Wouldn’t it be nice to beat the summer time heat in a swimming pool? Besides cooling off, the idea of having a swimming pool is attractive to many home owners for many reasons, including entertaining guests and exercise (if large enough). Pool company advertisements suggest a swimming pool can make your yard more attractive, and add value to your home. But is a swimming pool really worth it? It all depends on the local housing market and your lifestyle.
Statistics and information compiled by The Spruce (thespruce.com), an online lifestyle magazine, reveals swimming pool popularity from sources such as the Association of Pool & Spa Professionals and the U.S. Census. Incredibly, there are 10.4 million residential and 309,000 public swimming pools in the United States. Swimming is the fourth most popular activity, and is the most popular among children and teens. The top five states with inground pools are California, Florida, Texas, Arizona and New York. Swimming statistics in the U.S. indicate that 36% of children and 15% of adults swim annually.
Before you start digging, there’s a lot to consider. Besides liability and health concerns, let’s discuss a pool’s added value on your home. The question of whether adding a swimming pool is a good investment depends on a number of factors. Real estate research typically validates such questions, unfortunately, studies are lacking. However, there is such an analysis from 1981 by Benedict J. Frederick (Effect of a Swimming Pool on Single-Family Home Value; Appraisal Journal; July 1981, Vol. 49 Issue 3, p376). Even Frederick confessed he was hard pressed to find academic interest in the topic, citing a previous study from 1961. Nonetheless, the study conducted in suburban Baltimore yielded these conclusions: A pool can add about 7% to the price of a home; a pool’s market value may be 50-75% of the pool’s replacement cost; having pool amenities, such as a heater, can boost value; 40% of the market believe having a pool is a liability.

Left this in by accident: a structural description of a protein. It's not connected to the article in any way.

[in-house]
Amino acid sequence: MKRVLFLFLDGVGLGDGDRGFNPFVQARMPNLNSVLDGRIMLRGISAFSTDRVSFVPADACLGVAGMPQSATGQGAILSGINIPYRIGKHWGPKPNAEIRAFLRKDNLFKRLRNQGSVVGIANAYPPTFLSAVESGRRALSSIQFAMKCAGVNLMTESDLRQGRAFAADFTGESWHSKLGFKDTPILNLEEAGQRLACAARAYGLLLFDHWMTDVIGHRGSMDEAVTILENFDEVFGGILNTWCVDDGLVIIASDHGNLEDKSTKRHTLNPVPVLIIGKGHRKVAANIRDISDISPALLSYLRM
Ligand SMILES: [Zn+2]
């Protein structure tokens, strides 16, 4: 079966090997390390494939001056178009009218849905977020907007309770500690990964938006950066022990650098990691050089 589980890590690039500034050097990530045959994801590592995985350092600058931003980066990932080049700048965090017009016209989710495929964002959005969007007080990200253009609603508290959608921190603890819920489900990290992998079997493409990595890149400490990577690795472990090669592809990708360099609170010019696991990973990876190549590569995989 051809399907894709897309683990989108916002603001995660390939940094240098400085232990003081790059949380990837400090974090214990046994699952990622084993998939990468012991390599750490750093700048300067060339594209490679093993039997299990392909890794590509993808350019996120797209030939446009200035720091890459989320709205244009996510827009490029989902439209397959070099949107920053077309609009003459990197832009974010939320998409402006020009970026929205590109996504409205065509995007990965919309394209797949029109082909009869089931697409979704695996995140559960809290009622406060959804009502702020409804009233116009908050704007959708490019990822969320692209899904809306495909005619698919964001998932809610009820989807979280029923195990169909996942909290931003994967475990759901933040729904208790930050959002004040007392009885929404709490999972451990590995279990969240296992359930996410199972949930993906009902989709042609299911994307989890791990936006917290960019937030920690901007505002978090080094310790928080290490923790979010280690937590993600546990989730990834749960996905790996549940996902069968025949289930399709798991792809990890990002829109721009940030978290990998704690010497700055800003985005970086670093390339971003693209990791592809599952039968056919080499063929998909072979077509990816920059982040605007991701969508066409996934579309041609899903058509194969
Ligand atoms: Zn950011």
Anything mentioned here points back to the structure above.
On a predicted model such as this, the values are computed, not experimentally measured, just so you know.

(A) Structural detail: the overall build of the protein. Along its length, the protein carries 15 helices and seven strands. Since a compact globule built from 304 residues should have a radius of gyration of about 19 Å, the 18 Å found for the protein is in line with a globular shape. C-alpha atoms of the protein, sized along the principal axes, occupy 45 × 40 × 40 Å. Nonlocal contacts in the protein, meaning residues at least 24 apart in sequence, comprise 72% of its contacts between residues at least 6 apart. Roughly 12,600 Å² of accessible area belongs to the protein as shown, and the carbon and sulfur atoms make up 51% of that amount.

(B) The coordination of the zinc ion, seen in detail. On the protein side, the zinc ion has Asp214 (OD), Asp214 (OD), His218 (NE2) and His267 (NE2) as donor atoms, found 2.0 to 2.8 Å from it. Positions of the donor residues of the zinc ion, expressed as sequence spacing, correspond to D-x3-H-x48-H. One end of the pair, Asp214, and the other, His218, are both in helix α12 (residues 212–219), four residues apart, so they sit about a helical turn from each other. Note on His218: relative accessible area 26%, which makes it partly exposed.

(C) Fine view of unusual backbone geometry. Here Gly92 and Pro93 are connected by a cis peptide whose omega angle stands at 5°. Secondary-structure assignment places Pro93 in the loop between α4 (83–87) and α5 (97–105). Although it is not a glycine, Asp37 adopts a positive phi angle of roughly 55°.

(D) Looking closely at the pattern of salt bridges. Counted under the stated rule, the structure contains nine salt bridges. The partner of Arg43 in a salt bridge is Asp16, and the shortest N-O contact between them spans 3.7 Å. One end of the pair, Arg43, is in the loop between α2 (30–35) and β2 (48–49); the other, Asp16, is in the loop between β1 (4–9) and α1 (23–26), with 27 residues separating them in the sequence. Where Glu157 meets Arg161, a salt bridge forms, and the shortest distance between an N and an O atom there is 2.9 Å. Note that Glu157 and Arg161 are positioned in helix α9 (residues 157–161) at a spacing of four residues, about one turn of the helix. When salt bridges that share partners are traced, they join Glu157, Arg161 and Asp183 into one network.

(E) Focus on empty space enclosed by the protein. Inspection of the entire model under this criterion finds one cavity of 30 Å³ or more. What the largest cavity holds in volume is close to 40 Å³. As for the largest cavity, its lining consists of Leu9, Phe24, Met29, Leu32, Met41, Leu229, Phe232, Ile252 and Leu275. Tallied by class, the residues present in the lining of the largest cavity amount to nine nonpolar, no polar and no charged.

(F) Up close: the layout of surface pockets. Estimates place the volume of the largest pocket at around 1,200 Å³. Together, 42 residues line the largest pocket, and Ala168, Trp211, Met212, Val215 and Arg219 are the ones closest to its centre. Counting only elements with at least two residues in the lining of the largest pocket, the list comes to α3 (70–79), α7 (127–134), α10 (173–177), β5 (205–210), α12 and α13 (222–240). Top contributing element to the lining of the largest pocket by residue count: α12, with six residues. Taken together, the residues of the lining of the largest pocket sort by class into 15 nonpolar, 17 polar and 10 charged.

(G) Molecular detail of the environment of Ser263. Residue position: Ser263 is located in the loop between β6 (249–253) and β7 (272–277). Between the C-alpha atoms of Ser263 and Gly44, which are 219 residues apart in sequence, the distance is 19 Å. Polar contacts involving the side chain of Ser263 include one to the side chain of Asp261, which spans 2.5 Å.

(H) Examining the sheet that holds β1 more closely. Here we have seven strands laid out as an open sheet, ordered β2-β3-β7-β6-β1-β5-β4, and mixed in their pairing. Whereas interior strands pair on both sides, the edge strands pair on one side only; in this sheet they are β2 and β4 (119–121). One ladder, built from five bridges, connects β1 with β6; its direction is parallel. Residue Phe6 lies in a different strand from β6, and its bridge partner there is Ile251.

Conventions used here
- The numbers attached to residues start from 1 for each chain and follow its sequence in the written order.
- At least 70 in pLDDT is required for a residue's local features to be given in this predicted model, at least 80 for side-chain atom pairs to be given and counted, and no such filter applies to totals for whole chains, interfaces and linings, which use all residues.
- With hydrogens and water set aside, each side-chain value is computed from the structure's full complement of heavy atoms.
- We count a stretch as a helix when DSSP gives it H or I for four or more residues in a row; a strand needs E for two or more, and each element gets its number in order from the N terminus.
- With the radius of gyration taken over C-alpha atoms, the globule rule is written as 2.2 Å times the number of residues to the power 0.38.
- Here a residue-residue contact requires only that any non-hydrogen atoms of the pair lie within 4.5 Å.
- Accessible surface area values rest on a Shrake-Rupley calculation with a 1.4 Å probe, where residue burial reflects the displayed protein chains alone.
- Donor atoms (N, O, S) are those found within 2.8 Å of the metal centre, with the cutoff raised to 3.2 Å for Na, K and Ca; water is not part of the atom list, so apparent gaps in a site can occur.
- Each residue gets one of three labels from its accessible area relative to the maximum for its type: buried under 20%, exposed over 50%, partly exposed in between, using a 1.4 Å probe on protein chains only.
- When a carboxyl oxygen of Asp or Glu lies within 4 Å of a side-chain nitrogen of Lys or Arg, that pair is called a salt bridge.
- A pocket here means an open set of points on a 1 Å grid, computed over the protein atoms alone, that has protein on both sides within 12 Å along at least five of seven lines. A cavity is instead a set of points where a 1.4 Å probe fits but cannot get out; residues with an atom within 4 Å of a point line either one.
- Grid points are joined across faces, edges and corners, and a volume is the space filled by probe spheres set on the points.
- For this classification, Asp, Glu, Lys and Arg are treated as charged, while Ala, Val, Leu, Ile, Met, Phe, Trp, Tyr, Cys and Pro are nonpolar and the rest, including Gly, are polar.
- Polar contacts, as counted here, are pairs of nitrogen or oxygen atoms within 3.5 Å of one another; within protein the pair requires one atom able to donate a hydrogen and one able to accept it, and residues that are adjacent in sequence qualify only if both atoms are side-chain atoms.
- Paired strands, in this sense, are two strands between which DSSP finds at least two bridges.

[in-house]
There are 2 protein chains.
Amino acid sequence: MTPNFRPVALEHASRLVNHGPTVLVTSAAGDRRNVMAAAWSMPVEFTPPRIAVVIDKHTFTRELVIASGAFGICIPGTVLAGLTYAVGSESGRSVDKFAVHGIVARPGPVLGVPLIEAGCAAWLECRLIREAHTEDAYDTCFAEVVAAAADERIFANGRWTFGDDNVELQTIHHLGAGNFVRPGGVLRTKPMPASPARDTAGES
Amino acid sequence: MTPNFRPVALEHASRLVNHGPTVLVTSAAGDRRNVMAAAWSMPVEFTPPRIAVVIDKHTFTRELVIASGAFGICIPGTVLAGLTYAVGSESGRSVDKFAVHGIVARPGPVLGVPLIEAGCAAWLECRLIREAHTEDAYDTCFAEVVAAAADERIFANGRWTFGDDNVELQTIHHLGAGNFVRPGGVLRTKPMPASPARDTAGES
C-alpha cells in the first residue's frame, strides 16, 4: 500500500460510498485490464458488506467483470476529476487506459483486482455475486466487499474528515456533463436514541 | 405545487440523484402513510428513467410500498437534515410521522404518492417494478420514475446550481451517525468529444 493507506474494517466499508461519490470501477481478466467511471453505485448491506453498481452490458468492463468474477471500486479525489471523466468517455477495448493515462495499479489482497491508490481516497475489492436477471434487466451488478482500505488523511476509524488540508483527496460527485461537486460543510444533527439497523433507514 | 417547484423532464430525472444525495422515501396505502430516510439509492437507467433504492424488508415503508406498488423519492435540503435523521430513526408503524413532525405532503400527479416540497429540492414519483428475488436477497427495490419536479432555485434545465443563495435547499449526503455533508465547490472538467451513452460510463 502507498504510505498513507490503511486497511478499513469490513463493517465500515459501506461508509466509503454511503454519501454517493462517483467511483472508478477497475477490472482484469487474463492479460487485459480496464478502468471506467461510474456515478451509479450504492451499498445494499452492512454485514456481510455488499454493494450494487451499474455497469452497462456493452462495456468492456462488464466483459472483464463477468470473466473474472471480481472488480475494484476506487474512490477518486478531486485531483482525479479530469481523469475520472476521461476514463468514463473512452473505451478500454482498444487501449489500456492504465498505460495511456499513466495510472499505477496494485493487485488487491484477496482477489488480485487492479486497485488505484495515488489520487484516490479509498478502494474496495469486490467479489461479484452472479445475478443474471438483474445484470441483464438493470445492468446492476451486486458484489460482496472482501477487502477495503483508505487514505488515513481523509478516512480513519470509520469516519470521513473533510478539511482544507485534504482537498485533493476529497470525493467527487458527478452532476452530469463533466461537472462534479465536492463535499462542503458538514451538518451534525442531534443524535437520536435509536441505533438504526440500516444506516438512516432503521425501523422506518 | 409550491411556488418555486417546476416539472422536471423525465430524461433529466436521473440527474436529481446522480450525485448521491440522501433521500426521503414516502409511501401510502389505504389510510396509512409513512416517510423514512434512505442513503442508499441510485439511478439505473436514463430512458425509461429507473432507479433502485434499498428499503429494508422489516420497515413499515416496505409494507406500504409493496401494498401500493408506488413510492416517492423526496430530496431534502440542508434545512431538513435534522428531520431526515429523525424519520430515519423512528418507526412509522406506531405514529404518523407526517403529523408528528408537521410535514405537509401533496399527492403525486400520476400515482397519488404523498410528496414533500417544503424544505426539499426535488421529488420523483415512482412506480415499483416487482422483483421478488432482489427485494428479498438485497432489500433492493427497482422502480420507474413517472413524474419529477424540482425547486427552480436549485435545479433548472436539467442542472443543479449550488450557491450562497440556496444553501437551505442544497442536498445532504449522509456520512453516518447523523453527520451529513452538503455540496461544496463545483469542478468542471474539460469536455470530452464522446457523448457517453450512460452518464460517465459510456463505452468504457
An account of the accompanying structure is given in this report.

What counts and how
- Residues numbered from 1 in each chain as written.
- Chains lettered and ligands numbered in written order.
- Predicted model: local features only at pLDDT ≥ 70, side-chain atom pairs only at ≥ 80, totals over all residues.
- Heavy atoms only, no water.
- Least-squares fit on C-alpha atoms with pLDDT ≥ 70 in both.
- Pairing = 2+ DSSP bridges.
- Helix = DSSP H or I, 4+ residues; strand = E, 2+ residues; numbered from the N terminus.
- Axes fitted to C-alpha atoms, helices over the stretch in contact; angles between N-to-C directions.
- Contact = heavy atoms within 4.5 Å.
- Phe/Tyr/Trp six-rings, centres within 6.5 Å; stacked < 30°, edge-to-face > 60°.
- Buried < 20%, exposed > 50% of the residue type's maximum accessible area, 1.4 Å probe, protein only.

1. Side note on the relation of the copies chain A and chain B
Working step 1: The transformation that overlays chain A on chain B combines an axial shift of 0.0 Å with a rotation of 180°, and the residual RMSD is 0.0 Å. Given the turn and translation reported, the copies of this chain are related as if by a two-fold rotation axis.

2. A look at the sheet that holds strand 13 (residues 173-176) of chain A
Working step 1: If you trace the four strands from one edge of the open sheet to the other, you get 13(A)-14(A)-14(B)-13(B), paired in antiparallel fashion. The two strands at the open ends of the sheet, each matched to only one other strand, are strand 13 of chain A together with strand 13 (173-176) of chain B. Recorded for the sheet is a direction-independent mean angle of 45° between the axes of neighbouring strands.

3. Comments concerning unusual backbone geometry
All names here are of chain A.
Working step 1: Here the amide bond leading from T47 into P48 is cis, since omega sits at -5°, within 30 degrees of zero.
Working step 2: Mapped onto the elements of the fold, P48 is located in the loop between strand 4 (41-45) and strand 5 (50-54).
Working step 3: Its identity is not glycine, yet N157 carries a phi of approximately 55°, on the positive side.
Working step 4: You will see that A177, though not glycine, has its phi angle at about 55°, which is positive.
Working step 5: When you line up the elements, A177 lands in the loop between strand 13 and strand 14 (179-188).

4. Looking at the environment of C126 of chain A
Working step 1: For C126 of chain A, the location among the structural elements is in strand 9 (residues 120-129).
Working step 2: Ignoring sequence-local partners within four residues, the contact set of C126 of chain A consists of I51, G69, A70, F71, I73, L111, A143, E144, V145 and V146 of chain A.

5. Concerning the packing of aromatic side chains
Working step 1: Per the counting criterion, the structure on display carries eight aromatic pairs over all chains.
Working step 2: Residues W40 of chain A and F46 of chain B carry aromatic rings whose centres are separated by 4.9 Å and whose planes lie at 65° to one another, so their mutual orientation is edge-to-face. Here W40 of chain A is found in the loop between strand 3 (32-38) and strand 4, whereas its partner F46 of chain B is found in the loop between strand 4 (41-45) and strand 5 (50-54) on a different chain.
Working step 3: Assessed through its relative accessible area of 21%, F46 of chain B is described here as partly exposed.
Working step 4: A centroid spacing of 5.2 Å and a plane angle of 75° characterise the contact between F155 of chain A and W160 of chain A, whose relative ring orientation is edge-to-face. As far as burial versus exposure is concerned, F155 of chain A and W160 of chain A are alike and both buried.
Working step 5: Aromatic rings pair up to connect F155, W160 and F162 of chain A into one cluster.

A swimming pool’s added value may be tricky, especially if other neighborhood homes don’t have a pool. If you’re the only residential pool in the neighborhood, the added value to your home may be minimal. In fact, having a swimming pool may be a disincentive for many home buyers, and could negatively affect the value.
There’s also the expense of maintaining a pool. Melissa Dittmann Tracey, writing for Realtor Magazine (Are Pools Worth the Expense?; nar.realtor), points out that typical swimming pool maintenance can have an annual cost of about $3,000-$5,000. And that’s if everything works properly. If components need replacing, then the cost can rise quickly. Older pools require updates and component replacements. Resurfacing or redecking expenses can vary, but Tracey estimates a typical cost to be $5,000 to $10,000 (depending on size of pool). Renovating a pool can cost upwards of $20,000. If you’re tired of the pool and want to reclaim your back yard, removing a pool can also be expensive. Depending on the pool and yard size, a pool removal typically ranges from $3,000 to $15,000.
Given the research and industry statistics, the decision to build a back-yard swimming pool is more likely a lifestyle choice rather than for home improvement. However, for those who enjoy the pool but don’t want the expense or liability of ownership, joining a club or swimming at the public pool are common alternatives.
Dan Krell is a Realtor® with RE/MAX Success in Potomac, MD. You can access more information at DanKrell.com